Invasive aspergillosis is a life-threatening condition in patients with chronic granulomatous disease (CGD). Skin invasion by Aspergillus occurs most commonly by contiguity to a neighboring cavity. We describe an unusual case of invasive cutaneous aspergillosis presented as a large burgeoning tumor in a 4-year-old girl with CGD who underwent surgical treatment for bifocal osteomyelitis of the left leg. The skin invasion occurred 4 months after a “successful” treatment of invasive pulmonary aspergillosis. Atypical presentation and diagnostic difficulties are discussed. Invasive cutaneous aspergillosis may be polymorphic. The diagnosis should be considered early in the etiological investigation of any suspicious skin lesions in CGD even in uncommon aspects such as burgeoning tumors.
*Pediatric A Department, Children's Hospital of Tunis, Faculty of Medicine, University of Tunis El manar, Tunisia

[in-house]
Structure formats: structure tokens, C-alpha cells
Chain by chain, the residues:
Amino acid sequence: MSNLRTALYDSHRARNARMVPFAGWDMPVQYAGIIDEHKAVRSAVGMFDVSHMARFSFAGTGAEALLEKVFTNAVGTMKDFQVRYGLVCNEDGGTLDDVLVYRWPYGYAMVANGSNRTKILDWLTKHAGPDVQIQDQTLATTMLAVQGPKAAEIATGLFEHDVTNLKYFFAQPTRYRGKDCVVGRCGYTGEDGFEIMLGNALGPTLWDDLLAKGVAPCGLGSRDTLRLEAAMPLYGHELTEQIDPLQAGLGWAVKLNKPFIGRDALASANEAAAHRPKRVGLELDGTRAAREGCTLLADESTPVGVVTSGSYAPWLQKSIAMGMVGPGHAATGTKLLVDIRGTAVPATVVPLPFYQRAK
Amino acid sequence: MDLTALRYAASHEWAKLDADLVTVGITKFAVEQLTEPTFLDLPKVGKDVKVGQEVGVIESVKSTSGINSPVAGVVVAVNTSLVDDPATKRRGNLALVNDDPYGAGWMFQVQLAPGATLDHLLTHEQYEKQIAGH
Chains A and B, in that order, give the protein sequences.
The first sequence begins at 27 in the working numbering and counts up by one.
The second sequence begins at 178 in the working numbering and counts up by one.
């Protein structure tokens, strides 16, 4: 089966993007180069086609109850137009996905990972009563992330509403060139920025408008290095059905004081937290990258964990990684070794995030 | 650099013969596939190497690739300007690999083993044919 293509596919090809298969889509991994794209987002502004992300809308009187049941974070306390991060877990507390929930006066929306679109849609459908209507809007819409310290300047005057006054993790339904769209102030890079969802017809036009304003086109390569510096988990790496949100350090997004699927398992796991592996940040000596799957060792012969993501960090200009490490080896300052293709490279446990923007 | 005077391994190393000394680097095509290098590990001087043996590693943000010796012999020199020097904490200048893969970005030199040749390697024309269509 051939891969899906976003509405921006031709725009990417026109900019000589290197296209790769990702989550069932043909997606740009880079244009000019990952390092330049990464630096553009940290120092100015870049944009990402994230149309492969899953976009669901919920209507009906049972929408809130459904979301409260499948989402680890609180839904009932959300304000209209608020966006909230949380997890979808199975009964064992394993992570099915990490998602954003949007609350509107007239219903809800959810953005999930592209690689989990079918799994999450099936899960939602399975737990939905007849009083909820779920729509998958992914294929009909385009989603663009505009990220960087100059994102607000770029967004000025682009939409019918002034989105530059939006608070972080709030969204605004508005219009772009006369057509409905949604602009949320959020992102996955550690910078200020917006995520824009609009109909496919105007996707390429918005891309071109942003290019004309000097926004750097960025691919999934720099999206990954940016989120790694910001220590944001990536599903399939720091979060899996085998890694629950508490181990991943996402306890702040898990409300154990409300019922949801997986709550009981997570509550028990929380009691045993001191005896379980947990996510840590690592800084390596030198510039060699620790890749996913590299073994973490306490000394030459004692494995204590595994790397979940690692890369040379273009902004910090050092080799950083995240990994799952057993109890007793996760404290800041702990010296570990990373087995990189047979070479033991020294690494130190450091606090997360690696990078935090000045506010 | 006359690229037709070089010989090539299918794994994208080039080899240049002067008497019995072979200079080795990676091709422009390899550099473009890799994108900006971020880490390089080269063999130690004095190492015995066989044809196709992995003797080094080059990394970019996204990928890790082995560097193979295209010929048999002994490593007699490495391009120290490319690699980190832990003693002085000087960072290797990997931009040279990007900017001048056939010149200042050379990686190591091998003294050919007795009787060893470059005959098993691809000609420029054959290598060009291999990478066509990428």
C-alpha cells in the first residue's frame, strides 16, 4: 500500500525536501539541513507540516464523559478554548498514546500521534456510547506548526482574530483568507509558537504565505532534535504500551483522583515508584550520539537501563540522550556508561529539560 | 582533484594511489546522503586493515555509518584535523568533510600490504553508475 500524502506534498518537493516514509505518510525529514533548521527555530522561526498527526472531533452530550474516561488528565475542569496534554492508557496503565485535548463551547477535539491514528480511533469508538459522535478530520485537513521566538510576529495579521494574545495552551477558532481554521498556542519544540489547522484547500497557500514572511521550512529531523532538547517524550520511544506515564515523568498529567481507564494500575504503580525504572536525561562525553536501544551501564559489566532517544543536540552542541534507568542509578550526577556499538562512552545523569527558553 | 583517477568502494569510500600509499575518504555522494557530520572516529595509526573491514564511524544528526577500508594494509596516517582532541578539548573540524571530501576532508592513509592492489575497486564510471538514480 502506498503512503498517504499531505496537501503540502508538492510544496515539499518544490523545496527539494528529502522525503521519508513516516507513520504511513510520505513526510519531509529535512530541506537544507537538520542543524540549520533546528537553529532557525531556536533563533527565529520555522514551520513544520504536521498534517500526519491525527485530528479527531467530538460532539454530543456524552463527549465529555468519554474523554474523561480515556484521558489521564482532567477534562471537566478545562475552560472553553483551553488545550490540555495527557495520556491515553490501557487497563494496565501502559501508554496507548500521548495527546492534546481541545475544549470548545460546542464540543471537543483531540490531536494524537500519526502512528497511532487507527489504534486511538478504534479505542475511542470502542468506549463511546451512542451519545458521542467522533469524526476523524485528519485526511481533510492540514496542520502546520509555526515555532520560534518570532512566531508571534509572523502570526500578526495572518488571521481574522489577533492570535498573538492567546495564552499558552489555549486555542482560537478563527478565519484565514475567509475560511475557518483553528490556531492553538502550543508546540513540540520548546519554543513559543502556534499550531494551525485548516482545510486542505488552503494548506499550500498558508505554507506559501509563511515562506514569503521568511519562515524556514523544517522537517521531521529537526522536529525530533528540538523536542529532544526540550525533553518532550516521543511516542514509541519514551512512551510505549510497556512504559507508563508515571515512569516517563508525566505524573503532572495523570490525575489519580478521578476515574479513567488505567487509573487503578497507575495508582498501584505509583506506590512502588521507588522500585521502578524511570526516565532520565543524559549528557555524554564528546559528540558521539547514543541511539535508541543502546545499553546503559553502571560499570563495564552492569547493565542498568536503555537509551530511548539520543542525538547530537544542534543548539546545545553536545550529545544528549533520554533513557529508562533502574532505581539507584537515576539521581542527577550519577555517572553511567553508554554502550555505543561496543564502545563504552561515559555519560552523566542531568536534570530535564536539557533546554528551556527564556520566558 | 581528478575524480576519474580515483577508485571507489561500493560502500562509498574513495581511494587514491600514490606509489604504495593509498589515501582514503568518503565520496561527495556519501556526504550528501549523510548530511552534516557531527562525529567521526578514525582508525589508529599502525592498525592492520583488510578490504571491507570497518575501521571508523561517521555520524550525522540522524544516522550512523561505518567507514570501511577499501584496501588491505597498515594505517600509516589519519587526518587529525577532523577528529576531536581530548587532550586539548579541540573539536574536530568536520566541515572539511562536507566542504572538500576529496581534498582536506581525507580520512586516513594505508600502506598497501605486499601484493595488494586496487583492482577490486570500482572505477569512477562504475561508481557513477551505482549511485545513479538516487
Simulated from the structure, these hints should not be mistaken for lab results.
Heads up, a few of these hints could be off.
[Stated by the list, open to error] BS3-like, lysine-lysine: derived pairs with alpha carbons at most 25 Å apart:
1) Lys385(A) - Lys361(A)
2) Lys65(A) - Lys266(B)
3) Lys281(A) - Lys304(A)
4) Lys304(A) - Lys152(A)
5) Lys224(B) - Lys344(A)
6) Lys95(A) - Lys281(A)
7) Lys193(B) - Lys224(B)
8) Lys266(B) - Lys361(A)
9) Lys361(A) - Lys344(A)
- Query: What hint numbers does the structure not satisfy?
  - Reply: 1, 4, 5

†Department of Dermatology, Charles Nicolle's Hospital, Faculty of Medicine, University of Tunis El manar, Tunisia
‡Department of Pathology, Institut Pasteur, Faculty of Medicine, University of Tunis El Manar, Tunisia.
Reprints: Monia Khemiri, MD, Pediatric A Department, Children's Hospital of Tunis Bab Saadoun-Jabbary PC: Faculty of Medicine University of Tunis El Manar, Tunis 1007, Tunisia (e-mail: email@example.com).
The authors declare no conflicts of interest.